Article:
November 22, 2023
Report on recent US international tax developments — 22 November 2023
Both Houses of Congress return from the US Thanksgiving holiday recess next week, with prospects for a tax bill still uncertain.
The recent approval of a two-step continuing resolution to extend federal government funding into early 2024 — separate deadlines in January and February — means there will not be a must-pass year-end appropriations bill to which such tax packages are typically appended. It remains to be seen whether tax provisions can be added to spending bills either in January or February, or possibly to other legislation sometime between now and then.
A business tax package would likely center around Tax Cuts and Jobs Act (TCJA) pre-cliffs that relate to the five- or 15-year amortization for R&D expenses, rather than expensing under Section 174 and the Section 163(j) interest deduction limitation based on earnings before interest and taxes (EBIT) rather than earnings before interest, taxes, depreciation and amortization (EBITDA), both of which took effect in 2022, and 100% expensing, which is phased down after 2022. Any deal would likely require achieving some parity between the cost of addressing those provisions and an expansion of the child tax credit, which is backed by Democrats.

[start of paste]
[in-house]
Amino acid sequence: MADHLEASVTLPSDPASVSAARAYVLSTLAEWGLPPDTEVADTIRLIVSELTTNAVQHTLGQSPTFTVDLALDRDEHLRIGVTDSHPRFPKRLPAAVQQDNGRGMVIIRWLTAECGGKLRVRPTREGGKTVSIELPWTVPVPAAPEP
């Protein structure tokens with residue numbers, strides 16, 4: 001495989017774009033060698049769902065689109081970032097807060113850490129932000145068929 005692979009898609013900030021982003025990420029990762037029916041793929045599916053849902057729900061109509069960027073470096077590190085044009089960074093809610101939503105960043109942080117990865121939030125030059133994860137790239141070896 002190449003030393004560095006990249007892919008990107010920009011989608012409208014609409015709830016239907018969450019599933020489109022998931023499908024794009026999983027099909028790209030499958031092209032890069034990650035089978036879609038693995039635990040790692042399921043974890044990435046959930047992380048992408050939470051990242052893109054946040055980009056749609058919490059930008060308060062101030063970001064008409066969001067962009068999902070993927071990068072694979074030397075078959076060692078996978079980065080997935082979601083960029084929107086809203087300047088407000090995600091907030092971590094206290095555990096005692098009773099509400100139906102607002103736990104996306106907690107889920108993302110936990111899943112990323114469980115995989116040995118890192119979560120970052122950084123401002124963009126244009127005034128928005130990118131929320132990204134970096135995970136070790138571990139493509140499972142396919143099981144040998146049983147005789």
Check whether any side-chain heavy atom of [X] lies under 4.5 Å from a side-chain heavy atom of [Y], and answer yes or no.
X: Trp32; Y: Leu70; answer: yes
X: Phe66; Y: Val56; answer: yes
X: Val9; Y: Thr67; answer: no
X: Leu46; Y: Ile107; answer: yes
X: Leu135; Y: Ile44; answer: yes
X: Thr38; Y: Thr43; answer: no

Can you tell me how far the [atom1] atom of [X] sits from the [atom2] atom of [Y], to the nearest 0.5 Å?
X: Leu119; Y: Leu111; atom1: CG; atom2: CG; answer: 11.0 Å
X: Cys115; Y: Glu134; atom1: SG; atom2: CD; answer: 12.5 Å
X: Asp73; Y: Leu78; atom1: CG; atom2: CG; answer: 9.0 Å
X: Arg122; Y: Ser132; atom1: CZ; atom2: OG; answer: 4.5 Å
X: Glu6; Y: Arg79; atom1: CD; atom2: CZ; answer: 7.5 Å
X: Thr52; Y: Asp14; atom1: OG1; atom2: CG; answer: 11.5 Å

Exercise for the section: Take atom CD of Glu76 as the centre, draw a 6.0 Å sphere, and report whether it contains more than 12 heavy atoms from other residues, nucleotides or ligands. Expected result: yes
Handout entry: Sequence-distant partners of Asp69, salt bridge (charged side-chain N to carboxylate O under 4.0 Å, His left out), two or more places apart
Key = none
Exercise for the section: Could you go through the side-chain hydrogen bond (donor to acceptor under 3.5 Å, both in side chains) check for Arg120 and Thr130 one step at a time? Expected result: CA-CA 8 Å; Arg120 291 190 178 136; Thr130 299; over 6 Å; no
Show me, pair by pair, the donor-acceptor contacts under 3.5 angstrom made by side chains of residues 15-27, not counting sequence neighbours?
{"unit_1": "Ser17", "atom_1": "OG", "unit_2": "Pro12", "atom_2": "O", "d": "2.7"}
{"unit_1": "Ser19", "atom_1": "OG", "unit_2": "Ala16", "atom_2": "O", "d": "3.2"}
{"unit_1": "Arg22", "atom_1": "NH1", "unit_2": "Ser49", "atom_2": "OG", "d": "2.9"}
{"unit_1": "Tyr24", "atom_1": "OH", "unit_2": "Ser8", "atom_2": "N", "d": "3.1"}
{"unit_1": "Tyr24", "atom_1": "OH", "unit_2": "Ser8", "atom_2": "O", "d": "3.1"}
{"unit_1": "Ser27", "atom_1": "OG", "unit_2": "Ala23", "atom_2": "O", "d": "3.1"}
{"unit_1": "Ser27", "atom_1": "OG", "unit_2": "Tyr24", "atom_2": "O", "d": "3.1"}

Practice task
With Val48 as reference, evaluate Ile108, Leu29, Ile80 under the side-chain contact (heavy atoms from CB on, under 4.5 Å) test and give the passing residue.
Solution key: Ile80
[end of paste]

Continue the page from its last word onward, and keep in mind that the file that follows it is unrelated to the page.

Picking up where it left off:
The Canadian government presented its 2023 Fall Economic Statement on 21 November, confirming its intention to proceed with plans to enact a 3% Digital Services Tax (DST) in 2024, setting the stage for a possible showdown with the US government. The proposed Canadian DST would be effective 1 January 2024 and apply retroactively to 1 January 2022. Bipartisan members of Congress have warned that the United States "would examine all options, including under our trade agreements and domestic statutes," if Canada introduces the DST.
For additional information with respect to this Alert, please contact the following:
Ernst & Young LLP (United States), International Tax and Transaction Services, Washington, DC
Published by NTD’s Tax Technical Knowledge Services group; Carolyn Wright, legal editor